A good checkpoint for considering how blackness has come to be perceived as closely interwoven with criminality is to pose to someone the following: “We really need to address the problem of white crime.” Confusion or laughter would be the likely reaction to such a statement. White crime is perceived as a joke, unless it’s in the context of white-collar crimes. Meanwhile, black criminal sounds almost redundant (refer back to the study referenced where most participants pictured an offender as being black). This may shed some light on studies that show white ex-offenders may actually have an easier time procuring jobs than black without criminal records. To be black is to be perceived as criminal. It’s by no means easy to be a white criminal either, but white criminals don’t deal with the additional impediments that come with being a racial pariah.
The Limits of the Analogy
While there is a longer list of similarities linking mass incarceration to its predecessors of Jim Crow and slavery, there are also myriad differences between them. Somewhat counterintuitively, a main difference between them is not that Jim Crow was explicitly race-based whereas mass incarceration is colorblind; in fact, many policies in the structure of Jim Crow were also officially race-neutral. Laws (such as poll taxes) can appear neutral, but then enforcement happens in a highly discriminatory manner. Racial stigma has also impacted black communities differently today than it did during Jim Crow. Whereas Jim Crow laws created solidarity in the black community, racial stigma today has ripped apart many of these communities and erected walls of shame and silence among those worst affected by the caste system. Other key differences include the following:
Absence of racial hostility: While today the caste system is not orchestrated by slave masters or the Ku Klux Klan, racial hostility and violence have by no means disappeared. However, that hostility has shifted forms so that it is instead expressed through police brutality, solitary confinement, and racially-selective applications of the death penalty. There is also cogency to the fact that a black child today can dream of being president of the United States — a feat which would never have been imaginable during Jim Crow. Mass incarceration is not “just like” Jim Crow; most Americans have opposed race discrimination since the early 1980s. That is a huge shift from segregationist thinking.
The underpinning of today’s racial caste system is racial indifference (ambivalence or lack of compassion around race and racial groups). This was still a factor the architecture of previous racial caste systems, but today it is unmistakably more prevalent than overt racial hostility. As Martin Luther King Jr. once declared, “Nothing in all the world is more dangerous than sincere ignorance and conscientious stupidity.” Hostility is not a prerequisite for oppression. Well-intended people or people driven predominantly by greed are still capable of participating, knowingly or unknowingly in systems of racial oppression.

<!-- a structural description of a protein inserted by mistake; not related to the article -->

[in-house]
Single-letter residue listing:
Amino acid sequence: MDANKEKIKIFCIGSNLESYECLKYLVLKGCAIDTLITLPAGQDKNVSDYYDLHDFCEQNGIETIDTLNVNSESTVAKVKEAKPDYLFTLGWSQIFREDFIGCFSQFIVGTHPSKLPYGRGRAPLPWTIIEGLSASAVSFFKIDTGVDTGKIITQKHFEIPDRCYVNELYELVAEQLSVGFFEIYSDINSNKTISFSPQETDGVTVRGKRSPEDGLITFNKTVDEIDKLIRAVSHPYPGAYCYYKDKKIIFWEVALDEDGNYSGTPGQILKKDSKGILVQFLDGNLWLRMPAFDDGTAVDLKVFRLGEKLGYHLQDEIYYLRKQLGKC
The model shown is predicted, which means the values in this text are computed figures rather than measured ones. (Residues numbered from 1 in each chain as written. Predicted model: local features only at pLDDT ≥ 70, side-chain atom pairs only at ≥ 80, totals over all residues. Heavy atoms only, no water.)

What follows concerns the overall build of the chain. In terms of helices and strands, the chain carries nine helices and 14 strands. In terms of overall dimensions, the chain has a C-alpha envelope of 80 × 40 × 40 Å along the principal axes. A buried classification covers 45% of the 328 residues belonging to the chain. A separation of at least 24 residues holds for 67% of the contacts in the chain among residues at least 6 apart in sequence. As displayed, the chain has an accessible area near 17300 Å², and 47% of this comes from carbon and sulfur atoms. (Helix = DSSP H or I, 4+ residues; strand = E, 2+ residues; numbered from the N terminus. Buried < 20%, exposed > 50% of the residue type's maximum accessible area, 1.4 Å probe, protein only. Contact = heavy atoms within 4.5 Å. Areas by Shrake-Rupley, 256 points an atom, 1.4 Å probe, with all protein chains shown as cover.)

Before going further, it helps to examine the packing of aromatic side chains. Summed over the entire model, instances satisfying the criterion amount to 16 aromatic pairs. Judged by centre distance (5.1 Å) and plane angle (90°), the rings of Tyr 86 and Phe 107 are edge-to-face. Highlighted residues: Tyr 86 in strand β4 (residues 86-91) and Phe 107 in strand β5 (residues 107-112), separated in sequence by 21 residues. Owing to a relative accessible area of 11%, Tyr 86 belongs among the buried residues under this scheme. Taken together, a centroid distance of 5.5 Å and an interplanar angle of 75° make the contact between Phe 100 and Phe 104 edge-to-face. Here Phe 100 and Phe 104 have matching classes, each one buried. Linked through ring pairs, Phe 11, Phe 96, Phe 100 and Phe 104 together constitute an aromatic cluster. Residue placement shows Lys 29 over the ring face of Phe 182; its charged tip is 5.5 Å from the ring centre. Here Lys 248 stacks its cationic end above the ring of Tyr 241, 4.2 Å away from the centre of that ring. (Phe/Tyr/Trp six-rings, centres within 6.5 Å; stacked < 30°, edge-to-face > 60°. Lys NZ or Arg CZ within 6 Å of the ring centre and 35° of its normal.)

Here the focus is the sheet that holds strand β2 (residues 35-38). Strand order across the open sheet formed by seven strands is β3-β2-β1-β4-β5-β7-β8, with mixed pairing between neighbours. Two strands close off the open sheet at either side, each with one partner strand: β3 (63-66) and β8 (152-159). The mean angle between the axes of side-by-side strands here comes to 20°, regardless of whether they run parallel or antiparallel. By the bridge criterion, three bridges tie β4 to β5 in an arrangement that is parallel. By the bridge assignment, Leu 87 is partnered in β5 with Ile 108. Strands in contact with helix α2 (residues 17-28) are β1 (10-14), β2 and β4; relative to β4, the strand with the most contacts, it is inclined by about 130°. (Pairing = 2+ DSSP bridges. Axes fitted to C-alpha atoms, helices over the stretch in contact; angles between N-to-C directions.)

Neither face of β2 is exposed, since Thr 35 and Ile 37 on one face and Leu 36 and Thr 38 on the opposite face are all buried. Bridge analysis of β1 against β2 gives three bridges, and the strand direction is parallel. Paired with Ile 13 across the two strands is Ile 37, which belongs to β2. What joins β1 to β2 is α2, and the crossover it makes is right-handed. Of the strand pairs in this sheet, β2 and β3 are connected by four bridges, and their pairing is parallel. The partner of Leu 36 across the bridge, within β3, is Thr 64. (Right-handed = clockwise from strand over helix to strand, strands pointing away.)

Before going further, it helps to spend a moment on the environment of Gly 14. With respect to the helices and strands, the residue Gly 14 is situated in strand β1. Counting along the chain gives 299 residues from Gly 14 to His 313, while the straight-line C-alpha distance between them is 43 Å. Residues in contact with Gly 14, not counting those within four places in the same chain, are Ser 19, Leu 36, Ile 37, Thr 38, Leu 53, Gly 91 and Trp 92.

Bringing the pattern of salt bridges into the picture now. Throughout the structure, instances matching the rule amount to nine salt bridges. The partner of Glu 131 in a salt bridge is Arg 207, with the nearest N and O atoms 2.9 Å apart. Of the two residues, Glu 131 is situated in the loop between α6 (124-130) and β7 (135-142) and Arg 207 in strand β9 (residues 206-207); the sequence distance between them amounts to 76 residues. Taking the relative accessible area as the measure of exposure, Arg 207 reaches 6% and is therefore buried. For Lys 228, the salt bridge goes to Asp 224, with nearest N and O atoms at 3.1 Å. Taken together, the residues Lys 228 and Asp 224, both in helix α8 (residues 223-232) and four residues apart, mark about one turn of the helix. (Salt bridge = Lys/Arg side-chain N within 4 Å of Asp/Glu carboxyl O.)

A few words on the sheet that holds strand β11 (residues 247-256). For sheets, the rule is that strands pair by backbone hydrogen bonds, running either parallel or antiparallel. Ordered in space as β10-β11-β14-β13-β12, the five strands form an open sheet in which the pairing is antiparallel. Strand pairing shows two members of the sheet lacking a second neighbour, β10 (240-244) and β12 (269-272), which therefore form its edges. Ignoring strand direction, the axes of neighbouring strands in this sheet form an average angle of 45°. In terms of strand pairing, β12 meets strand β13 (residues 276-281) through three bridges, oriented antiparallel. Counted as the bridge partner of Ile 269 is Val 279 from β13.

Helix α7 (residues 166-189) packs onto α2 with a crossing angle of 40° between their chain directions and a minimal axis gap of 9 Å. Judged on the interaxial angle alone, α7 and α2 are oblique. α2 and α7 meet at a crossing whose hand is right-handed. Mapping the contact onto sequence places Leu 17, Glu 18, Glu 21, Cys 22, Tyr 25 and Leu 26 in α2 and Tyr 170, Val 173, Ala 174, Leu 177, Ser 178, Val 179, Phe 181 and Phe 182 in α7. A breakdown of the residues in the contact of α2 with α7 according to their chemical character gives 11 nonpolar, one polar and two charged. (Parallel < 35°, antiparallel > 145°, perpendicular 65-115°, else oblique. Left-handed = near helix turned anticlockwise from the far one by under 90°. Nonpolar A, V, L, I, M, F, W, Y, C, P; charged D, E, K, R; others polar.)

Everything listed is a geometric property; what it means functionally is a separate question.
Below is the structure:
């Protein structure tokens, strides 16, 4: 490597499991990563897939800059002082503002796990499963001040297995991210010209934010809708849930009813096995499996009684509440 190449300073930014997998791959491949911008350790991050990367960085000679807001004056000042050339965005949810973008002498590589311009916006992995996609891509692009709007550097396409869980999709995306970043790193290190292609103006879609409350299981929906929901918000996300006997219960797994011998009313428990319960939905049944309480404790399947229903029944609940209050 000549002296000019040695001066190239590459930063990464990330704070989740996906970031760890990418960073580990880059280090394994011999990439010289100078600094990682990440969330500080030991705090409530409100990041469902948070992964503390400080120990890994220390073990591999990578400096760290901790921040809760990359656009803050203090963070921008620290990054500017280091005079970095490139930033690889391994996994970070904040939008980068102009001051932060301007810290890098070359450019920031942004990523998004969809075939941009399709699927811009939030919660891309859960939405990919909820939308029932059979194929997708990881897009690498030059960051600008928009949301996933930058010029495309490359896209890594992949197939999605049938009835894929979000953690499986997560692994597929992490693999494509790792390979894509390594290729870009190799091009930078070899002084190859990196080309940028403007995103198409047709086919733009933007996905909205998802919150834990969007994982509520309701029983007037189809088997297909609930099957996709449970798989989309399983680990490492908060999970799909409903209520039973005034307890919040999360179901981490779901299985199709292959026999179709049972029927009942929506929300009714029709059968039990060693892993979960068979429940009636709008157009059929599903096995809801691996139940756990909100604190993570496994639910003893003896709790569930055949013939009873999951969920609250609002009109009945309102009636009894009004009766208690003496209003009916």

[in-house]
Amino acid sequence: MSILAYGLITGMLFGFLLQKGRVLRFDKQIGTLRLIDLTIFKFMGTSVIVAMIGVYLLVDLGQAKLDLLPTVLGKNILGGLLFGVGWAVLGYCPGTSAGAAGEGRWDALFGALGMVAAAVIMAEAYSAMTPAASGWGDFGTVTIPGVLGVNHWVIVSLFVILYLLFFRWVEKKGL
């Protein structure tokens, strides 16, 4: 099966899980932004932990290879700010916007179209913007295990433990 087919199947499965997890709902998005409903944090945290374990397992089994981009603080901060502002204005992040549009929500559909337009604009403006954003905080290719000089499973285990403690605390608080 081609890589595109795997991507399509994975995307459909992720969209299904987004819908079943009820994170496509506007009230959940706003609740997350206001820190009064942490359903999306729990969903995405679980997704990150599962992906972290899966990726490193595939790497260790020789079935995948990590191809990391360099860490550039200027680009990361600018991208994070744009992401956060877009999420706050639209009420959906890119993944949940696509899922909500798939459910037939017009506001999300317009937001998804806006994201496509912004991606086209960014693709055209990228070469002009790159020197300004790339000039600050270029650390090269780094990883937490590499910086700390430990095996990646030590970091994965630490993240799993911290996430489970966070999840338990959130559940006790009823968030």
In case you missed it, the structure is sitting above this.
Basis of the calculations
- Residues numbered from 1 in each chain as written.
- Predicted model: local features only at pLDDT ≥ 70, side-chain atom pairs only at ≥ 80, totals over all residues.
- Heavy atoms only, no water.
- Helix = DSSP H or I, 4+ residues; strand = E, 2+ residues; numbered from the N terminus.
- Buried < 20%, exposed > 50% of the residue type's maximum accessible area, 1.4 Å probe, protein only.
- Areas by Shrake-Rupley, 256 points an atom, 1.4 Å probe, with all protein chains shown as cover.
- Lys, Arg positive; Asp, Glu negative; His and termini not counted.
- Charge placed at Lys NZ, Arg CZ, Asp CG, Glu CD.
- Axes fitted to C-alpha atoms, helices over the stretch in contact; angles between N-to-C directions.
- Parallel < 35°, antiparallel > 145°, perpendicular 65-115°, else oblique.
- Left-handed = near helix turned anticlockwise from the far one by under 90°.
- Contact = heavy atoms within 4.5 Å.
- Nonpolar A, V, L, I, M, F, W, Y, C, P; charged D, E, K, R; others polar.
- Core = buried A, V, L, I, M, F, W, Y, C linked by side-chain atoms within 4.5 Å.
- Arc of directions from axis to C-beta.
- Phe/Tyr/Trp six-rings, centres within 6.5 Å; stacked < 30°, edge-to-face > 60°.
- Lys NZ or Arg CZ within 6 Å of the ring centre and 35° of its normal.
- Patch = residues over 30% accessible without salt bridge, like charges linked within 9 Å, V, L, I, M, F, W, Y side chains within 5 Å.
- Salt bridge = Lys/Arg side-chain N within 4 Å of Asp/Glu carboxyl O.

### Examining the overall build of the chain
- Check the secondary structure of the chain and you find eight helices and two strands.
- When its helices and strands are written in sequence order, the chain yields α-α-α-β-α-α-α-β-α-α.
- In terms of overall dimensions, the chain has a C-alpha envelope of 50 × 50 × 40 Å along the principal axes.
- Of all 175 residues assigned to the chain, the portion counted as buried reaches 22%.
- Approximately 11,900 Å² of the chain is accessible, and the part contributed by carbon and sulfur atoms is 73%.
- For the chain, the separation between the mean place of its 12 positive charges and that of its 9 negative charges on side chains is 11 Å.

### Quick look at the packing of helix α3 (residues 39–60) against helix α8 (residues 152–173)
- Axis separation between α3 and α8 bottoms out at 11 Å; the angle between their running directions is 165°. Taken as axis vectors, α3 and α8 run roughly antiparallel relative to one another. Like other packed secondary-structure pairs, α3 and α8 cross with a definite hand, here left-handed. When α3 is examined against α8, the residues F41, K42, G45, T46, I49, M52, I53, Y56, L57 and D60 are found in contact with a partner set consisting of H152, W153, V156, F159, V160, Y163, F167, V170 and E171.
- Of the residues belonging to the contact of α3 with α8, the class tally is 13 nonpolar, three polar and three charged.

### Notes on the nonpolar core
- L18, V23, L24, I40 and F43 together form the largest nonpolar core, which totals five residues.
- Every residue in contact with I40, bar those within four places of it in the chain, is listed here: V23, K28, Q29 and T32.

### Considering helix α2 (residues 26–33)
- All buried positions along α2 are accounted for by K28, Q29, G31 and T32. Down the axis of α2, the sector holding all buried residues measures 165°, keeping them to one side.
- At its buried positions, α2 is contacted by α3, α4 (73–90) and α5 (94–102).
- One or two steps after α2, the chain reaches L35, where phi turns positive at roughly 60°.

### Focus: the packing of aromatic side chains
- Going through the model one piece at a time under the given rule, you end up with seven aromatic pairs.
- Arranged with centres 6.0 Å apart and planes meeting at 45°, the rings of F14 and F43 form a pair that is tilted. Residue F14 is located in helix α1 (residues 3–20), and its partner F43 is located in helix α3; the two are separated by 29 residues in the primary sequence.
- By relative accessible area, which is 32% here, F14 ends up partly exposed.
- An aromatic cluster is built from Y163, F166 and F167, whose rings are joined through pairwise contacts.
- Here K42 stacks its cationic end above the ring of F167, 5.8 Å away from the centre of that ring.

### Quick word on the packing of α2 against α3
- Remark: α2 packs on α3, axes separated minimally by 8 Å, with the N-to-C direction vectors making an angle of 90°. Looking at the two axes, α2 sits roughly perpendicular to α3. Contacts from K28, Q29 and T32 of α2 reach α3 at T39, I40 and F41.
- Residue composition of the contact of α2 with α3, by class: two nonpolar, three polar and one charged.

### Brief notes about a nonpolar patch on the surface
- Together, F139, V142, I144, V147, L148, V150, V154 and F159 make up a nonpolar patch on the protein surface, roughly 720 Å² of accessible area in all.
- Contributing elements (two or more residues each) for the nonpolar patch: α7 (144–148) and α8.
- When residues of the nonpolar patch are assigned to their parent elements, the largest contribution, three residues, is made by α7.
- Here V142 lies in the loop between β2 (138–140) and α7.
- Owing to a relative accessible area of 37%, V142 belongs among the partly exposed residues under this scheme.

White victims of racial caste: An important distinction between today’s system of mass incarceration and the racial caste systems that preceded it is that white are directly harmed by the current system (although, a caveat to this is that whites could still be harmed during Jim Crow through policies like anti-miscegenation laws, if they were partnered with a person of color). Whites didn’t have to sit at the back of the bus, but they could easily find themselves incarcerated today for minor drug offenses. That is the nature of a racial caste system that exists in the age of colorblindness.
There is no way that the War on Drugs would have gone as far as it has if 100 percent of the people arrested and convicted for drug offenses were black. The number that Americans are apparently comfortable with for that benchmark is instead around 90 percent of convicted drug offenders being black in certain states. Regardless, the inclusion of a multiethnic underclass is pivotal for retaining the façade of colorblindness.
It’s almost impossible to imagine anything resembling mass incarceration happening to young white men. The selective way that compassion is extended to some and withheld from others can be observed through the example of how the nation broached the drunk driving epidemic in the 1980s. Mothers whose families were destroyed by drunk driving-induced deaths started a grassroots movement around the same time that crack was making headlines. The Carrollton bus disaster in 1988 involved a drunk driver colliding head-on with a school bus, killing twenty-seven people. Media regularly covered the issue, and the term designated driver was coined to encourage healthier behavior.